But I must think that an address to his majesty to remove one of his servants, without so much as alleging any particular crime against him, is one of the greatest encroachments that was ever made upon the prerogatives of the crown.
Admitting, however, for the sake of argument, that I am prime and sole minister in this country, am I, therefore, prime and sole minister of all Europe? Am I answerable for the conduct of other countries as well as for that of my own?
I will not attempt to deny the reasonableness and necessity of a party war; but in carrying on that war all principles and rules of justice should not be departed from.
If they are really persuaded that the army is annually established by me, that I have the sole disposal of posts and honours, that I employ this power in the destruction of liberty and the diminution of commerce, let me awaken them from their delusion.
And here a most heinous charge is made, that the nation has been burdened with unnecessary expenses for the sole purpose of preventing the discharge of our debts and the abolition of taxes.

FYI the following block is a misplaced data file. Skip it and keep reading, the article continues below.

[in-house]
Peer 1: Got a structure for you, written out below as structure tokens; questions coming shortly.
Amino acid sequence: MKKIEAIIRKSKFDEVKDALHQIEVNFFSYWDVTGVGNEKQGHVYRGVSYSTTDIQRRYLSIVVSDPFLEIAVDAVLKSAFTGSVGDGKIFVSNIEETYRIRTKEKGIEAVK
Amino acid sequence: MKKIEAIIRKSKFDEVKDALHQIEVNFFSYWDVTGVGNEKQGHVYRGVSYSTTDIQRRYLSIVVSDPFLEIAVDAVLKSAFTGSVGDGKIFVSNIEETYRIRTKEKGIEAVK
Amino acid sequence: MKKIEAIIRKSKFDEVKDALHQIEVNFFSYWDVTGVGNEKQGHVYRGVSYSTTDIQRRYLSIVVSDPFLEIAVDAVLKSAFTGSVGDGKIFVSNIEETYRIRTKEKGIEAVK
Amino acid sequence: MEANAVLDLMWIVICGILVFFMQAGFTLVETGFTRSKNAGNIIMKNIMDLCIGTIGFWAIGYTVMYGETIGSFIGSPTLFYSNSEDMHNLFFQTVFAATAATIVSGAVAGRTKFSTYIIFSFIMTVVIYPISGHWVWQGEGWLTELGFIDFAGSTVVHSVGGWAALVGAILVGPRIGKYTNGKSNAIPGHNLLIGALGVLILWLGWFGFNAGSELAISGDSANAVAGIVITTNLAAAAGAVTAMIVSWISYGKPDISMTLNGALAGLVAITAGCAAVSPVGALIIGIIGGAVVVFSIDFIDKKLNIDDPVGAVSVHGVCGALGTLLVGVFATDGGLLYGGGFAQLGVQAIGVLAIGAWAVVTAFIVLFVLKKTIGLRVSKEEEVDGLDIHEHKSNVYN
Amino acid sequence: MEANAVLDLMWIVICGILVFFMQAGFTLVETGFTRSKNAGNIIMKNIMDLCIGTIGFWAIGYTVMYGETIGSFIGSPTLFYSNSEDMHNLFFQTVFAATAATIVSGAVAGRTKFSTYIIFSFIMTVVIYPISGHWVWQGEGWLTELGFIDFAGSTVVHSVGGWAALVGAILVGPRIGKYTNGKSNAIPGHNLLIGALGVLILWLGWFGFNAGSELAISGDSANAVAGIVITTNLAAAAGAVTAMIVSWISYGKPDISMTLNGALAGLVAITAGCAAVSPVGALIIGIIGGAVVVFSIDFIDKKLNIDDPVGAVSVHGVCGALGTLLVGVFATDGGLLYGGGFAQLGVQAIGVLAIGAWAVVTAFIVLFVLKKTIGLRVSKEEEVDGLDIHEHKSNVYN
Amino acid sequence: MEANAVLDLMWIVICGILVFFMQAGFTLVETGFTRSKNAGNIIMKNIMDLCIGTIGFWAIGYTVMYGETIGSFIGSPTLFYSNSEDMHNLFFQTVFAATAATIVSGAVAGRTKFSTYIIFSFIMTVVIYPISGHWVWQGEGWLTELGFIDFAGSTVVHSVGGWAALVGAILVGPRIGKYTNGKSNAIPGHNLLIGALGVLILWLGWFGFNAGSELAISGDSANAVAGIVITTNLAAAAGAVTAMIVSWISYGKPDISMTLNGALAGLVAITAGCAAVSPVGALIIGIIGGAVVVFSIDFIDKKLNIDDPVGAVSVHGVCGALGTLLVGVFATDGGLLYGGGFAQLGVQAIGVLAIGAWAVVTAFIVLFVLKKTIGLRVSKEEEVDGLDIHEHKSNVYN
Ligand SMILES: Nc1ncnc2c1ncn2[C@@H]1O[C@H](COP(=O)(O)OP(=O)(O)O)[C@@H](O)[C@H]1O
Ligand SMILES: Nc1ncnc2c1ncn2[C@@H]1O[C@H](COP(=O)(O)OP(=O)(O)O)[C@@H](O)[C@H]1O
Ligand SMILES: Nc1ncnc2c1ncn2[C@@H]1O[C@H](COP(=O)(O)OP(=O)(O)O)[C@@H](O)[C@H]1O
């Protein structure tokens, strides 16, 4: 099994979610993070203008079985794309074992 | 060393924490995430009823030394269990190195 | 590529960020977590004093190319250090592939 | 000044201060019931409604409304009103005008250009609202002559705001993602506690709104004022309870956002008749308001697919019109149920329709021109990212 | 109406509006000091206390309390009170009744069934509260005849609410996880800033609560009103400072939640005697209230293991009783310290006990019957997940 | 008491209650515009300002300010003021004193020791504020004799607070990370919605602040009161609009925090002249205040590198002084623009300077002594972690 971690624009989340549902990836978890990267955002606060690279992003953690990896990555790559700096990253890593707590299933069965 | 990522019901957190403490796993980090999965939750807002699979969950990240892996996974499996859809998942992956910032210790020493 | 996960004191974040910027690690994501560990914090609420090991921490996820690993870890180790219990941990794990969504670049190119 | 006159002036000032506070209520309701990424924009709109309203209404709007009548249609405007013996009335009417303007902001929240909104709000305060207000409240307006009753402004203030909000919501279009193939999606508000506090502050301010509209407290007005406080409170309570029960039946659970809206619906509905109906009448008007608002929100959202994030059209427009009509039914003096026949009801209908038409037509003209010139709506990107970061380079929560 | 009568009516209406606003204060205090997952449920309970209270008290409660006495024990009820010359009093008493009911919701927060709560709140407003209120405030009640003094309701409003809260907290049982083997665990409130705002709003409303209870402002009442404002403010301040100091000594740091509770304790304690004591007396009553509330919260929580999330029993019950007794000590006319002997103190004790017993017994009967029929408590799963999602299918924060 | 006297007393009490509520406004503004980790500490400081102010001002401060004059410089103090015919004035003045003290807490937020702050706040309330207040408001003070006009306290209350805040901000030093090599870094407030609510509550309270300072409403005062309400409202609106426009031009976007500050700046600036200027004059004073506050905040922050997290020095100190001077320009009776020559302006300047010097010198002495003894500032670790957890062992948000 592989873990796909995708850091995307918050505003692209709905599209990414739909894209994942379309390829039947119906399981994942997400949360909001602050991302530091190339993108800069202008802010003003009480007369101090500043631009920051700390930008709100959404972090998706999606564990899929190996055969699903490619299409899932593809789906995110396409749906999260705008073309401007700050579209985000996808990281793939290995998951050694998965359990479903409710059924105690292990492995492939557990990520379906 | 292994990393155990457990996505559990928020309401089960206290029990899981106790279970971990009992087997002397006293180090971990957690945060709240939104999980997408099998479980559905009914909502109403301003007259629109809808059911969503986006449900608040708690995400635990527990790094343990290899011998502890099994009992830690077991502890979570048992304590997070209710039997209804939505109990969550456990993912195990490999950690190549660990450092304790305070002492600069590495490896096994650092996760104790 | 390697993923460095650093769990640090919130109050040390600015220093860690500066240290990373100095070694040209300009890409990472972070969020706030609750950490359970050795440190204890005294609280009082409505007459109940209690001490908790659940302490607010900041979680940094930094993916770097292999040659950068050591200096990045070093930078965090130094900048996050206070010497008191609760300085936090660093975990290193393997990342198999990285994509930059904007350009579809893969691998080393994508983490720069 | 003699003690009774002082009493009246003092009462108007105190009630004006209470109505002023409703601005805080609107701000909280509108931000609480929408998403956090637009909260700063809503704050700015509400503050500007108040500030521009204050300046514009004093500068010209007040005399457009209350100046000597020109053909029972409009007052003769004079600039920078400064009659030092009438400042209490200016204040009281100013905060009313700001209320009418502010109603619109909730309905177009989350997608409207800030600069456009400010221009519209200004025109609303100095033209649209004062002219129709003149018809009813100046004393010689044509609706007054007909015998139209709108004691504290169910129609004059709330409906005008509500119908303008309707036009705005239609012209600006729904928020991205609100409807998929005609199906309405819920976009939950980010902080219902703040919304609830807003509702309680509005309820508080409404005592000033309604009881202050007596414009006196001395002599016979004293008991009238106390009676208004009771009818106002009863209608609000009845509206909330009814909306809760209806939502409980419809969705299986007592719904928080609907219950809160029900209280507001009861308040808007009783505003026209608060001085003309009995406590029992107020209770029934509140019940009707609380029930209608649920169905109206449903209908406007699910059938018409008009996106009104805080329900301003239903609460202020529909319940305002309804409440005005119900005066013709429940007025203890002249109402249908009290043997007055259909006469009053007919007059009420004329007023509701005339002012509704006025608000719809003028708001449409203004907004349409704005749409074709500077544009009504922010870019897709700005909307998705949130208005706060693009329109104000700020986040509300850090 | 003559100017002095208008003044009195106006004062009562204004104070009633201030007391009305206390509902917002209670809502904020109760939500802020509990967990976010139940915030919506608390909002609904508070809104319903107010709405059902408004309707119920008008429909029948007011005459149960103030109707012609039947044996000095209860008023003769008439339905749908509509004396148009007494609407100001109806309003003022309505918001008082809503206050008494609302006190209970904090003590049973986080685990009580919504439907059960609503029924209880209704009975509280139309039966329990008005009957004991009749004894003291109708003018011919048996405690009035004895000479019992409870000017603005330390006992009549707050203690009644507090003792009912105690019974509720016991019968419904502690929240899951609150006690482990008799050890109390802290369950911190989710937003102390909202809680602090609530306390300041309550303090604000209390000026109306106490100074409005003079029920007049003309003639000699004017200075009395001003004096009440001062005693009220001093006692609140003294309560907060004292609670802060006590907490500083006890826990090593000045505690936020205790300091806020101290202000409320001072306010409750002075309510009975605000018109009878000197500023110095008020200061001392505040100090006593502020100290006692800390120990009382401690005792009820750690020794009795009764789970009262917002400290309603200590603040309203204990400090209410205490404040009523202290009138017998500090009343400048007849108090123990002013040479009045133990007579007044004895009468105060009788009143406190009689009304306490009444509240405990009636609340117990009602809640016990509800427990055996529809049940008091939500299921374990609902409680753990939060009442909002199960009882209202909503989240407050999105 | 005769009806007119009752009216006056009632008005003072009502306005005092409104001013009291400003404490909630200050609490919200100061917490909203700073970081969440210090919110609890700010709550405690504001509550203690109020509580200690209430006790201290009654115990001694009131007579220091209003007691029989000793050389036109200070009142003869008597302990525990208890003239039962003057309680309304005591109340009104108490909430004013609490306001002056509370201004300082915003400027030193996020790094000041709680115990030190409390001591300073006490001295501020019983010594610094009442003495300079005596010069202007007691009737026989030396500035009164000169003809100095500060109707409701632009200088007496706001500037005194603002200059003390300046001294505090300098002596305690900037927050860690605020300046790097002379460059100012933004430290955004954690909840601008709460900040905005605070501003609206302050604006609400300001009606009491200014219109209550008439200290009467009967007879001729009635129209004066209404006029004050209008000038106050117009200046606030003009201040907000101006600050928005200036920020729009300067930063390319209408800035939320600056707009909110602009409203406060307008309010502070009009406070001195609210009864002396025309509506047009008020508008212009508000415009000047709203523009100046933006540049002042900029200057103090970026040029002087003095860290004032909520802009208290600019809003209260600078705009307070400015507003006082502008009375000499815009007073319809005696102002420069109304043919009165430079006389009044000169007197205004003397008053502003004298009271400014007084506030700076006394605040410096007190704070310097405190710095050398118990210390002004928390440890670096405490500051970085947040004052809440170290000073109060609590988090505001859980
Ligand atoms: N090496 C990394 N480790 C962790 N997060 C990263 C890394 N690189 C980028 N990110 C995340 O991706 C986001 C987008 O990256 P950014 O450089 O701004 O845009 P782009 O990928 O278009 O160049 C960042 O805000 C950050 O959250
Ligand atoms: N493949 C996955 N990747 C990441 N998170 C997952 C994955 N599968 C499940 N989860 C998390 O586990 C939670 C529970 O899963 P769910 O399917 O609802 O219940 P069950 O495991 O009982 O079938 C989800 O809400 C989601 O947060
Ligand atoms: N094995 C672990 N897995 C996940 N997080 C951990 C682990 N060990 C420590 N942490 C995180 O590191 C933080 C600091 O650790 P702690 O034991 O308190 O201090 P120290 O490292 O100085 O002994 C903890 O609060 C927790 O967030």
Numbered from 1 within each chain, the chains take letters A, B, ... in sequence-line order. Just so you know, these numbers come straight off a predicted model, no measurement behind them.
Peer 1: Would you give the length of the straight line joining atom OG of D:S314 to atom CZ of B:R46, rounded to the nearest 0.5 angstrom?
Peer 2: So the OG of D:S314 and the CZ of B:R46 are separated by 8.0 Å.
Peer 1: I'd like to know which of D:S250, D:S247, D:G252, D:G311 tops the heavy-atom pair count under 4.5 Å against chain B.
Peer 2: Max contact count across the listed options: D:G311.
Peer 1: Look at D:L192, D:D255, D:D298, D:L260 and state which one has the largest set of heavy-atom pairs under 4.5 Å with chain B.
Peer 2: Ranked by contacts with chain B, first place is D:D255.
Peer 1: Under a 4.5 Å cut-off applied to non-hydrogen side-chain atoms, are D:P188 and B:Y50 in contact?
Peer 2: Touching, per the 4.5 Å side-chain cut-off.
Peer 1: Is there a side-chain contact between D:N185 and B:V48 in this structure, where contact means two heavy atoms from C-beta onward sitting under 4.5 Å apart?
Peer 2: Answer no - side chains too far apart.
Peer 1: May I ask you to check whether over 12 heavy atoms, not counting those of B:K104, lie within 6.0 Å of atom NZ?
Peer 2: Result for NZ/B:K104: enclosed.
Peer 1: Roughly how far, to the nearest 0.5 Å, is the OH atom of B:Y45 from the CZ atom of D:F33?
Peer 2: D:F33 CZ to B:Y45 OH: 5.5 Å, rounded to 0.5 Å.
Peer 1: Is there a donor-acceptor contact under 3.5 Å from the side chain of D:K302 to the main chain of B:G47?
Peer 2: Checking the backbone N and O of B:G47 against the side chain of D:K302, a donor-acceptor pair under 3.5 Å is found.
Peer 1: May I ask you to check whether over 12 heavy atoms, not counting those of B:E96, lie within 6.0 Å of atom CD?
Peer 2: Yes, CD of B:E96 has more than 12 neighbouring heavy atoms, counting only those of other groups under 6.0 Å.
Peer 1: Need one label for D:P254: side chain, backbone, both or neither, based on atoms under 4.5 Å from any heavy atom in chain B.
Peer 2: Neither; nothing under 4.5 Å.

It is but refusing to gratify an unreasonable or an insolent demand, and up starts a patriot.
Wherever they have been arraigned, a plain charge has been exhibited against them. They have had an impartial trial and have been permitted to make their defense.
I can not, therefore, see how this can be imputed as a crime, or how any of the king's ministers can be blamed for his doing what the public has no concern in; for if the public be well and faithfully served it has no business to ask by whom.
No expense has been incurred but what has been approved of and provided for by Parliament.
Is it no imputation to be arraigned before this House, in which I have sat forty years, and to have my name transmitted to posterity with disgrace and infamy?
Many words are not wanting to show that the particular view of each court occasioned the dangers which affected the public tranquillity; yet the whole is charged to my account. Nor is this sufficient.
Gentlemen have talked a great deal of patriotism. A venerable word, when duly practiced.
IT has been observed by several gentlemen, in vindication of this motion, that if it should be carried, neither my life, liberty, nor estate will be affected.